Brain scan should have seen by senior doctor, inquiry told
A "different outcome may have emerged" if a 23-year-old man had been seen by a more senior doctor when he was admitted to hospital, 48 hours before he died.
The opinion was given by an independent medical expert who gave evidence at a Medical Council hearing into how Mark Haran, of Moorechurch, Julianstown, Co Meath, died after a consultant radiologist allegedly misread a vital scan.
The fitness-to-practice inquiry is investigating nine allegations of professional misconduct by Dr John Hanson in Our Lady of Lourdes Hospital, Drogheda, Co Louth, including that he failed to diagnose Mr Horan's brain condition.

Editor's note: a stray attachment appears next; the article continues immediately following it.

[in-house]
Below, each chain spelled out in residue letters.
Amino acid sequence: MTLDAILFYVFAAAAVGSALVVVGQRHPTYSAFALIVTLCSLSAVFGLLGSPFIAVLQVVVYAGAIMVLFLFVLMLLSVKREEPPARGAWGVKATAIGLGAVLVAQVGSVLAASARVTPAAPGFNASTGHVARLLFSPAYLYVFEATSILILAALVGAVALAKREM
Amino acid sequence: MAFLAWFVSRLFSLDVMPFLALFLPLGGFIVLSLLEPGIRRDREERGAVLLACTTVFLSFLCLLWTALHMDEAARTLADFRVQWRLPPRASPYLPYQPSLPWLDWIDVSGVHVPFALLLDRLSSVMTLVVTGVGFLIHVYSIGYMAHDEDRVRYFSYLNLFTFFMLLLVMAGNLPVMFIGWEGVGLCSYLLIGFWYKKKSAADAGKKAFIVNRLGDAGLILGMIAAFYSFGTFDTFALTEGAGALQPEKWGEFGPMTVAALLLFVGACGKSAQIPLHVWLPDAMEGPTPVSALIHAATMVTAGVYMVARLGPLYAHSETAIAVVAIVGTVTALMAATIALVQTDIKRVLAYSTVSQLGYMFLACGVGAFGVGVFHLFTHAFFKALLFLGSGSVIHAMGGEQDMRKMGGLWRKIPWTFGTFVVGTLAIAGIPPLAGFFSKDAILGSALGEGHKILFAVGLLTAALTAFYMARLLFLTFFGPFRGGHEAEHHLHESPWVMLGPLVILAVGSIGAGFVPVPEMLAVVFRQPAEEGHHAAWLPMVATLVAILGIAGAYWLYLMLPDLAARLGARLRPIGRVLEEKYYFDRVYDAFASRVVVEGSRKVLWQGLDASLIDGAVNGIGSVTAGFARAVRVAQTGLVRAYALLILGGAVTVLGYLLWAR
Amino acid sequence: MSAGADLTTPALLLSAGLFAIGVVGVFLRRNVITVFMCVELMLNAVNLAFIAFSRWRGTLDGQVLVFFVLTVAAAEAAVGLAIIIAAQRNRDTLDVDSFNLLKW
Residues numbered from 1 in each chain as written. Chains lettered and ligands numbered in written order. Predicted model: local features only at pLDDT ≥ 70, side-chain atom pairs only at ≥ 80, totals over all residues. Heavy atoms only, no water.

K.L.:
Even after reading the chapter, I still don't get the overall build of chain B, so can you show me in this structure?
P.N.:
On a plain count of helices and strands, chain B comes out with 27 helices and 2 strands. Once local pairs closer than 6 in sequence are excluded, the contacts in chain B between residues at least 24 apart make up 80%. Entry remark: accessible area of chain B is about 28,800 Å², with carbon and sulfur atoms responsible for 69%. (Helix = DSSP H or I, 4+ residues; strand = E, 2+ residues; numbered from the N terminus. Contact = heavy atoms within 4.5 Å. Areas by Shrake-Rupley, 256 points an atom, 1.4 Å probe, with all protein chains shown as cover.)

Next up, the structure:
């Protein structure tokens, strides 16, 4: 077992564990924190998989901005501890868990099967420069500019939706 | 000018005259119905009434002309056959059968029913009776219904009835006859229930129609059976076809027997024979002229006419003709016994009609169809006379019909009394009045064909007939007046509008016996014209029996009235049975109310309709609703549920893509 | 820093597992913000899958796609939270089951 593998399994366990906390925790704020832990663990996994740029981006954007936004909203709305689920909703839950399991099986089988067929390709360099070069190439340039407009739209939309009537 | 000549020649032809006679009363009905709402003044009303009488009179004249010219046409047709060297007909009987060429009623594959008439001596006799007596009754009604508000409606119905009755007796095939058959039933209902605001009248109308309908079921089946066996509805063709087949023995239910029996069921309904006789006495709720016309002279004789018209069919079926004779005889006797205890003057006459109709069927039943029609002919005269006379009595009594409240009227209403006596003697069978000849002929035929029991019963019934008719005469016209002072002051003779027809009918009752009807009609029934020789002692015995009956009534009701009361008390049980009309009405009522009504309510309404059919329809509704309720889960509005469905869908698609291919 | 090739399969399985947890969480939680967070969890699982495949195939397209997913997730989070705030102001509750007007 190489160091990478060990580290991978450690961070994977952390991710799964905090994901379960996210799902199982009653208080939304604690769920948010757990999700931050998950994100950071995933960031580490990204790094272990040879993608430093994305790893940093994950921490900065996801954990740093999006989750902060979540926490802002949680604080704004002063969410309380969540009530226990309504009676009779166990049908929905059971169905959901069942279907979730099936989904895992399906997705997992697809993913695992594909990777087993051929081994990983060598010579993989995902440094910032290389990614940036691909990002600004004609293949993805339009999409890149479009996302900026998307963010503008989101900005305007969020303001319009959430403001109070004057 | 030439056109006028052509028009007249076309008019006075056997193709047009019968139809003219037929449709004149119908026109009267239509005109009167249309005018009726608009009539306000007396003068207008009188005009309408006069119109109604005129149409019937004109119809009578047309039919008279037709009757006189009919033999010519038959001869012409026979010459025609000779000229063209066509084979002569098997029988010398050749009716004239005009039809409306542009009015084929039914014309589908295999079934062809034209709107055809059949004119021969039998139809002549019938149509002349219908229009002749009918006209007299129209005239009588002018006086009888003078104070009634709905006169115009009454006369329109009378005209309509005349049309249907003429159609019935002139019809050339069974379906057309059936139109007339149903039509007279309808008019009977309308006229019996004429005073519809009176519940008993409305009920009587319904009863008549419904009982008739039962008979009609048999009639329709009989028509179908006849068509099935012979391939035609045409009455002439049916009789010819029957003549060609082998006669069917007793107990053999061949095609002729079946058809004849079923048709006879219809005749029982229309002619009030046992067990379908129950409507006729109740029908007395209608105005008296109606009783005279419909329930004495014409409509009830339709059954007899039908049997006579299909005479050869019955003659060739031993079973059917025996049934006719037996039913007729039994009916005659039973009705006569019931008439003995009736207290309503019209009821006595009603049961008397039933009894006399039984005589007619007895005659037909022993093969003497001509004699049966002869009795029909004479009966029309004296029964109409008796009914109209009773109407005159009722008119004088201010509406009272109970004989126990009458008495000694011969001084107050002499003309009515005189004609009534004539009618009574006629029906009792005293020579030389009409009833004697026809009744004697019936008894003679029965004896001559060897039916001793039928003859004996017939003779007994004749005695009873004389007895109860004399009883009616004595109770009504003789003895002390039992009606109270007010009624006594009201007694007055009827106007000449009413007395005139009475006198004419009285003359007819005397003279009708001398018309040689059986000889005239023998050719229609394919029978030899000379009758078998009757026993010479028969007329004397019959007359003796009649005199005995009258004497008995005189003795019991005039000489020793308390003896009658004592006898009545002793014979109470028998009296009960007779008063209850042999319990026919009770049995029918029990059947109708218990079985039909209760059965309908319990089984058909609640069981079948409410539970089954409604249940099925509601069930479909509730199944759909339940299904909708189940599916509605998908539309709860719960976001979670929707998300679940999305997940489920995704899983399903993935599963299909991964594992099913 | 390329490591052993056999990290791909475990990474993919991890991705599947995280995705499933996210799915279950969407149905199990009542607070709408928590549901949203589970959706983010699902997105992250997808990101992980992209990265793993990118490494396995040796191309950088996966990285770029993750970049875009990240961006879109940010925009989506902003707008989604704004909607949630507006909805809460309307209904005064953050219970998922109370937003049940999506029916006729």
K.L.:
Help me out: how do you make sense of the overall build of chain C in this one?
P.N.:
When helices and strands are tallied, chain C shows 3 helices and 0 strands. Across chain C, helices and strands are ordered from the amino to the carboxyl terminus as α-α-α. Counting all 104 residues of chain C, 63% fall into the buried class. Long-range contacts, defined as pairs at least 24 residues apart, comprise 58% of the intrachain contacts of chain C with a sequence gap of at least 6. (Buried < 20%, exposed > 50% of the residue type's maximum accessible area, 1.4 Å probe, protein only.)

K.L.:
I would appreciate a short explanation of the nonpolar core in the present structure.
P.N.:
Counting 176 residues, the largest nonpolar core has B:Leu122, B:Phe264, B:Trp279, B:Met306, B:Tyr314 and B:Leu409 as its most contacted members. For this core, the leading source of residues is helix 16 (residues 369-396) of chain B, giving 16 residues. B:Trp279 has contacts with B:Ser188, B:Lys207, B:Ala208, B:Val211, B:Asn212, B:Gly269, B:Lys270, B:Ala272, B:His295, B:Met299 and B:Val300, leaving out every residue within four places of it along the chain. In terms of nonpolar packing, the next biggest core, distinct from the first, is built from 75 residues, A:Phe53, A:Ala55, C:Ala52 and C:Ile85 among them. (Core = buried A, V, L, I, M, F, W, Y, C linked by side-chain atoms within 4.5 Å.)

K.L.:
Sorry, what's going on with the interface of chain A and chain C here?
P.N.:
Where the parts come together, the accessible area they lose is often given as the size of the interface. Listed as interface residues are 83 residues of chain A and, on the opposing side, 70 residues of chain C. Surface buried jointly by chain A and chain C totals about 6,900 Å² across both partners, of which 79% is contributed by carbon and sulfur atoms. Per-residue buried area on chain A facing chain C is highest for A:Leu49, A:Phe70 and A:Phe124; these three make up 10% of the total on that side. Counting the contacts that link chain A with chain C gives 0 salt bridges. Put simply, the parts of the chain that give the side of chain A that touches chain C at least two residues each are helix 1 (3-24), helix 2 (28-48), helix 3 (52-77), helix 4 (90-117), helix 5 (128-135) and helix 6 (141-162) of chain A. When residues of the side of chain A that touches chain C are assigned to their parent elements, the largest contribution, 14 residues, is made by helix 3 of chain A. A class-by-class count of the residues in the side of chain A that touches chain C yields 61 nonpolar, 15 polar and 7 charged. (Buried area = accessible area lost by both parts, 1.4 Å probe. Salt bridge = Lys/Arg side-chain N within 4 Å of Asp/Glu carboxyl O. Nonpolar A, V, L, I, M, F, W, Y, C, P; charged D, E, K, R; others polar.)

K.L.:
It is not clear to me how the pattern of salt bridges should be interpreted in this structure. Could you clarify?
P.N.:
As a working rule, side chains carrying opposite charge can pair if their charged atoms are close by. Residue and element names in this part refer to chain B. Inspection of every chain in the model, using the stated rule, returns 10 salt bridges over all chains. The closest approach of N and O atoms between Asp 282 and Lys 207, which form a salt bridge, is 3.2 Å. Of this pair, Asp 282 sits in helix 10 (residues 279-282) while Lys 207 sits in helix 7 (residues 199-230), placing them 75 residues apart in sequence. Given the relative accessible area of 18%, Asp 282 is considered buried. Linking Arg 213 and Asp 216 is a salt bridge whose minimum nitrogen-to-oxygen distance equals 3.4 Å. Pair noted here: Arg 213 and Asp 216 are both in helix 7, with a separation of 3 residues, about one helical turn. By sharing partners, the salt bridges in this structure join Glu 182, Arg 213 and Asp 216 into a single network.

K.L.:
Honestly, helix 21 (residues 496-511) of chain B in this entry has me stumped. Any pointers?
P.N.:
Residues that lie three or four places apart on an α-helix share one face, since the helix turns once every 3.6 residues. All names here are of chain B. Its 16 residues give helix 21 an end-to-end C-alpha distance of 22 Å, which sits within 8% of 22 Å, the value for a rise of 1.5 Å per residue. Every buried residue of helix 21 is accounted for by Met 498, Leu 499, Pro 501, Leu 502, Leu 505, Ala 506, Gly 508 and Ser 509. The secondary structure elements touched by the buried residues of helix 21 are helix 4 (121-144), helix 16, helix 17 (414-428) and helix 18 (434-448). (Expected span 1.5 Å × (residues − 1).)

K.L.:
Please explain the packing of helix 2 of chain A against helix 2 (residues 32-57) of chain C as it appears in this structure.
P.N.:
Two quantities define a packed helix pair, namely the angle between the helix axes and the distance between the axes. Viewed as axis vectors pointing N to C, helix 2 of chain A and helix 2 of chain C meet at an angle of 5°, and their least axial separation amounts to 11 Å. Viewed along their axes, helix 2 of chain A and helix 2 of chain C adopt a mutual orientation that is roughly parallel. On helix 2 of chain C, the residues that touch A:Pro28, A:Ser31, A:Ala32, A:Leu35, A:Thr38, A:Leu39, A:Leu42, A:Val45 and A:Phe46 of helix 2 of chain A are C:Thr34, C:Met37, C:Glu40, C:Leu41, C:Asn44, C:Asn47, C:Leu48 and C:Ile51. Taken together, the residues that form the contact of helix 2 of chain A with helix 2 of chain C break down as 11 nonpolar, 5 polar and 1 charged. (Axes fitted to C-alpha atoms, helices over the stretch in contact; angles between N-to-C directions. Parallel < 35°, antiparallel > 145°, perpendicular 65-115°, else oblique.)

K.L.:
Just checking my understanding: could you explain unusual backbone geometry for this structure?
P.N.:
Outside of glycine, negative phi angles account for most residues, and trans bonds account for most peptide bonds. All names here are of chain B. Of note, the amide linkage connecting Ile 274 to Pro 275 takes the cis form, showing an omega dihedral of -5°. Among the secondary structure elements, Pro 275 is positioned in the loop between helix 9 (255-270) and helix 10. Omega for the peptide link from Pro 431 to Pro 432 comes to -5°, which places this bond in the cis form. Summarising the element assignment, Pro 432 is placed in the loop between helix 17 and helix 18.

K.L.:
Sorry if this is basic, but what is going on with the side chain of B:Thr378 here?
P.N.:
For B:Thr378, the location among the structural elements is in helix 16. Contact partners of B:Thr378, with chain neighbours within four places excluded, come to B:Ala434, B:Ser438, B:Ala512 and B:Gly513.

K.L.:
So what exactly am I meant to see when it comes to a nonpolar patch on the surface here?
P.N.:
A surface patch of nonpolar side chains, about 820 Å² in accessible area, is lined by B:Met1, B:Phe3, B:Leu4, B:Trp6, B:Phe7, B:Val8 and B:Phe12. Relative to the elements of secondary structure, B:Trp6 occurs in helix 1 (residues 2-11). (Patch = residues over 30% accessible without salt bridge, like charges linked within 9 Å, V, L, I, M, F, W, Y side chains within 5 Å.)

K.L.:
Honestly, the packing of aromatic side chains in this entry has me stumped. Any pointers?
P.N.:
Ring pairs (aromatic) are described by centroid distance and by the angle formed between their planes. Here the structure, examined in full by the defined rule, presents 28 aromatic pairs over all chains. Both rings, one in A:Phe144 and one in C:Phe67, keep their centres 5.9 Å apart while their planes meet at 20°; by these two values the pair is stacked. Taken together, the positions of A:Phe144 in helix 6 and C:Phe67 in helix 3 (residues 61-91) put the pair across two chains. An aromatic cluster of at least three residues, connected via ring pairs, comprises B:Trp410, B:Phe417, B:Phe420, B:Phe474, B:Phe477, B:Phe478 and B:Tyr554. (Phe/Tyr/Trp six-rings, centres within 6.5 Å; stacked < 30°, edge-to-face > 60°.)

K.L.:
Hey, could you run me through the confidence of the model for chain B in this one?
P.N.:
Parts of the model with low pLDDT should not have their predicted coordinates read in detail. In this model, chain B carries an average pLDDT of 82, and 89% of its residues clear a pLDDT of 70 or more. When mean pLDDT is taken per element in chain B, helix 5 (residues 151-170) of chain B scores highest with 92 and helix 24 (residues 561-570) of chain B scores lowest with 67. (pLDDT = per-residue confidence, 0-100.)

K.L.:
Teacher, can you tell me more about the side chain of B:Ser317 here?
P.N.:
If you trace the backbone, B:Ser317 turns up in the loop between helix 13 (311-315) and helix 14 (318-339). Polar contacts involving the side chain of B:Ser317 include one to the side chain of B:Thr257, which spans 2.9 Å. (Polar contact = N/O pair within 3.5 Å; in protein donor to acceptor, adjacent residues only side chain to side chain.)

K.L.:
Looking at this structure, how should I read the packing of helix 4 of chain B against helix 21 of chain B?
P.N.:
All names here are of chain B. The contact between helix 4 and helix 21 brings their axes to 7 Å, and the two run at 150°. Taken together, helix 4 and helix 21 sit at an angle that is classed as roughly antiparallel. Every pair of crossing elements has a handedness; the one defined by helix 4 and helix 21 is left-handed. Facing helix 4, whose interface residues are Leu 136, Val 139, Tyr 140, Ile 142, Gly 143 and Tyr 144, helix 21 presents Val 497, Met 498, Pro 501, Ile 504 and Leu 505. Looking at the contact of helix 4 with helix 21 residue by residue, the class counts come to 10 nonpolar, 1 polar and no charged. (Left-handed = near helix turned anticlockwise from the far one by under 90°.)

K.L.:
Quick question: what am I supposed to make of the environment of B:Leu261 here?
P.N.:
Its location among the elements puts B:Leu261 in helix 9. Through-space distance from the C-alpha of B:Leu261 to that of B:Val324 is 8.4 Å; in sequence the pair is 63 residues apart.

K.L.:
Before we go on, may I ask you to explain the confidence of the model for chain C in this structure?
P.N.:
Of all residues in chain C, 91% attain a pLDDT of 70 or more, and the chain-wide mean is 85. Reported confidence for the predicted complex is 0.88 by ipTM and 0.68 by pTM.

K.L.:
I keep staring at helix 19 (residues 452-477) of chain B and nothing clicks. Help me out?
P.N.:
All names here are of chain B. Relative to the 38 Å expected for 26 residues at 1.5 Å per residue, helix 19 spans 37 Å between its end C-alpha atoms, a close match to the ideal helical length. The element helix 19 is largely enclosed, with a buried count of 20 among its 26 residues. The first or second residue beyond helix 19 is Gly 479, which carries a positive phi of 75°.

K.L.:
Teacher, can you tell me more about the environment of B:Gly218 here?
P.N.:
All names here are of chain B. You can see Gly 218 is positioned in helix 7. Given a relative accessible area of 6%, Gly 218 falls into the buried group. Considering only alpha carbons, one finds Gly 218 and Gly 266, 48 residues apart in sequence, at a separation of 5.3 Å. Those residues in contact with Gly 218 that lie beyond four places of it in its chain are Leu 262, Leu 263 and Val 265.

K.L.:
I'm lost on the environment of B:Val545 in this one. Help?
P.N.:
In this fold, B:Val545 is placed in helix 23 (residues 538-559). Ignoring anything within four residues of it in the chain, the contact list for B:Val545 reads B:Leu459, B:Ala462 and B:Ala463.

Mr Haran was first admitted to Our Lady of Lourdes on March 23, 2008, 12 days before he died, suffering from headaches, vomiting and vertigo. But he was discharged five days later on the basis the scan found "prominent ventricular spaces" in the brain, but it was "otherwise normal". When he was readmitted to the hospital on April 2, intern Dr Maha Abdul Azeez approached Dr Hanson looking for a more detailed report of the scan.
She told the inquiry that Dr Hanson (40), from Malahide in Dublin, said the young business graduate had enlarged brain ventricles that were "unexplained for his age". But in a meeting with Mr Haran's parents six months after he died, Dr Hanson claimed he had said he found the ventricles "grossly abnormal".
Dr Catriona Good, of Sussex University Hospital, England, told the hearing the MRI scan showed enlarged ventricles, but there were no signs of increased pressure inside the skull. She found no indication of a clinical emergency. "If a senior member of the clinical team had examined Dr Haran at that stage and spoke to Dr Hanson then I think a different outcome may have emerged," she added.
The hearing will continue on January 13.